2. Not Having the Right Amount of Resistance
When it comes to resistance, you want to find a sweet spot where it's challenging but not impossible.
"Too little resistance does not offer enough support and can lead to injury," Schirack says. This might occur during a recovery or sprint, but you should always feel the road beneath you.
On the flip side, too much resistance can impact your upper-body form when in the saddle, as you may start to lift your shoulders up to your ears, which can lead to tension in your neck and traps, as you grip tightly onto the handle bars.
You might feel the urge to drive your hips forward and sway heavily when on an indoor bike, Schirack says. You're then using too much body weight when pushing against the resistance, which can lead to pain and injury in your knees and back.
Plus, "fighting a lot of resistance during a long period of time can lead to a very quick burnout of energy, not leaving much in the tank for you to complete the rest of your ride and to shorten your endurance," Schirack says.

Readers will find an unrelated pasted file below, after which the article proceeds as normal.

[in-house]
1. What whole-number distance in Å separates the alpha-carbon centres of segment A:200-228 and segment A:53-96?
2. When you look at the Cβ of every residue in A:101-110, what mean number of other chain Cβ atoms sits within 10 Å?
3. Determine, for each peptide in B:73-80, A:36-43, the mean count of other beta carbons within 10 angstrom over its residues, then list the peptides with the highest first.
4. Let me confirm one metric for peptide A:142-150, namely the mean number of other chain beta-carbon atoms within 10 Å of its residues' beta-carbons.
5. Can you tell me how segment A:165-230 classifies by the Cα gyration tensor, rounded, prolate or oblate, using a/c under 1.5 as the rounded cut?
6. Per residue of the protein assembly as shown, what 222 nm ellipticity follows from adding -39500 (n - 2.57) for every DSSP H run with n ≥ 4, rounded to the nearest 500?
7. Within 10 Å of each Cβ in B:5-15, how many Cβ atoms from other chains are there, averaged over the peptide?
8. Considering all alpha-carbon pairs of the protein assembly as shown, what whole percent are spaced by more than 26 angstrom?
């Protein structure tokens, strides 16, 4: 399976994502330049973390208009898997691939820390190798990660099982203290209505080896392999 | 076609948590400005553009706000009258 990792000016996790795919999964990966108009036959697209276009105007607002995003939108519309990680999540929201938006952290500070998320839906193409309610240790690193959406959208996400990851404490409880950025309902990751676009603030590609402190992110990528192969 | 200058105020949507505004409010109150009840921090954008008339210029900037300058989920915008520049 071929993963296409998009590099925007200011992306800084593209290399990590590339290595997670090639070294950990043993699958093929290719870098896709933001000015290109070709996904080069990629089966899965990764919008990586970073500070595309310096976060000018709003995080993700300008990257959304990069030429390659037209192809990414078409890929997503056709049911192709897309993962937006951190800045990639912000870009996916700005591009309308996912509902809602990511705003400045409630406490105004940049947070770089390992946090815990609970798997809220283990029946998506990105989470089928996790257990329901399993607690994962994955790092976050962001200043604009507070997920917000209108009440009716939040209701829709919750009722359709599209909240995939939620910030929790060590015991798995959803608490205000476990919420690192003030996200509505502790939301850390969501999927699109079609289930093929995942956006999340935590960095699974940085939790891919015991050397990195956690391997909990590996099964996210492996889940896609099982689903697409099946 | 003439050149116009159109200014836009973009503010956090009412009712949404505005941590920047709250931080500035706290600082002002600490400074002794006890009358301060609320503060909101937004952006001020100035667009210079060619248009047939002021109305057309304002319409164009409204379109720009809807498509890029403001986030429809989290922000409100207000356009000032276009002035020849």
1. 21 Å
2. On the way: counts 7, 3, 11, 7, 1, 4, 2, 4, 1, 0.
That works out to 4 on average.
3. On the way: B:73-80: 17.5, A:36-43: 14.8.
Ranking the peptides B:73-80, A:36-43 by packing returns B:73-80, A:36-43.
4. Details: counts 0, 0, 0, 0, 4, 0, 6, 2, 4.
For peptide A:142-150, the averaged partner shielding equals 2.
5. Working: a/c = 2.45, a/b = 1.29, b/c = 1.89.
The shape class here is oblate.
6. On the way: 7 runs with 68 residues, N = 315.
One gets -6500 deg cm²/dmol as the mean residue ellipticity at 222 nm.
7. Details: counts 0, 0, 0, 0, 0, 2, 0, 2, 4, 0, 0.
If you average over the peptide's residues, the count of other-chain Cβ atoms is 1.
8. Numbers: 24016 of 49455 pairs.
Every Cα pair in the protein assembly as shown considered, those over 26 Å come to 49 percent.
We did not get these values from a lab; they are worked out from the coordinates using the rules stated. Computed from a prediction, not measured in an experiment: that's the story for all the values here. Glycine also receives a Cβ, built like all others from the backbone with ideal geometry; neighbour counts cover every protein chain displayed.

You want the right amount of resistance at the right time to maximize your ride and your results. That means listening to your instructor's guidance to determine which way to turn to the knob. "And listen to your body! If it doesn’t feel right, don’t do it," Schirack says.
"If you find that you are bouncing in the seat or even the tiniest bit out of control, save your knees and add some [resistance]," Amshoff says. And here's a good rule of thumb from Amshoff: Keep your RPM between 55 and 110 or 115.
3. Not Engaging Your Hamstrings
There should be an equal push and pull on the pedals. If there isn't, you need to adjust. "A lot of people focus so much on the push down that they forget the importance of the pull up," Schirack says.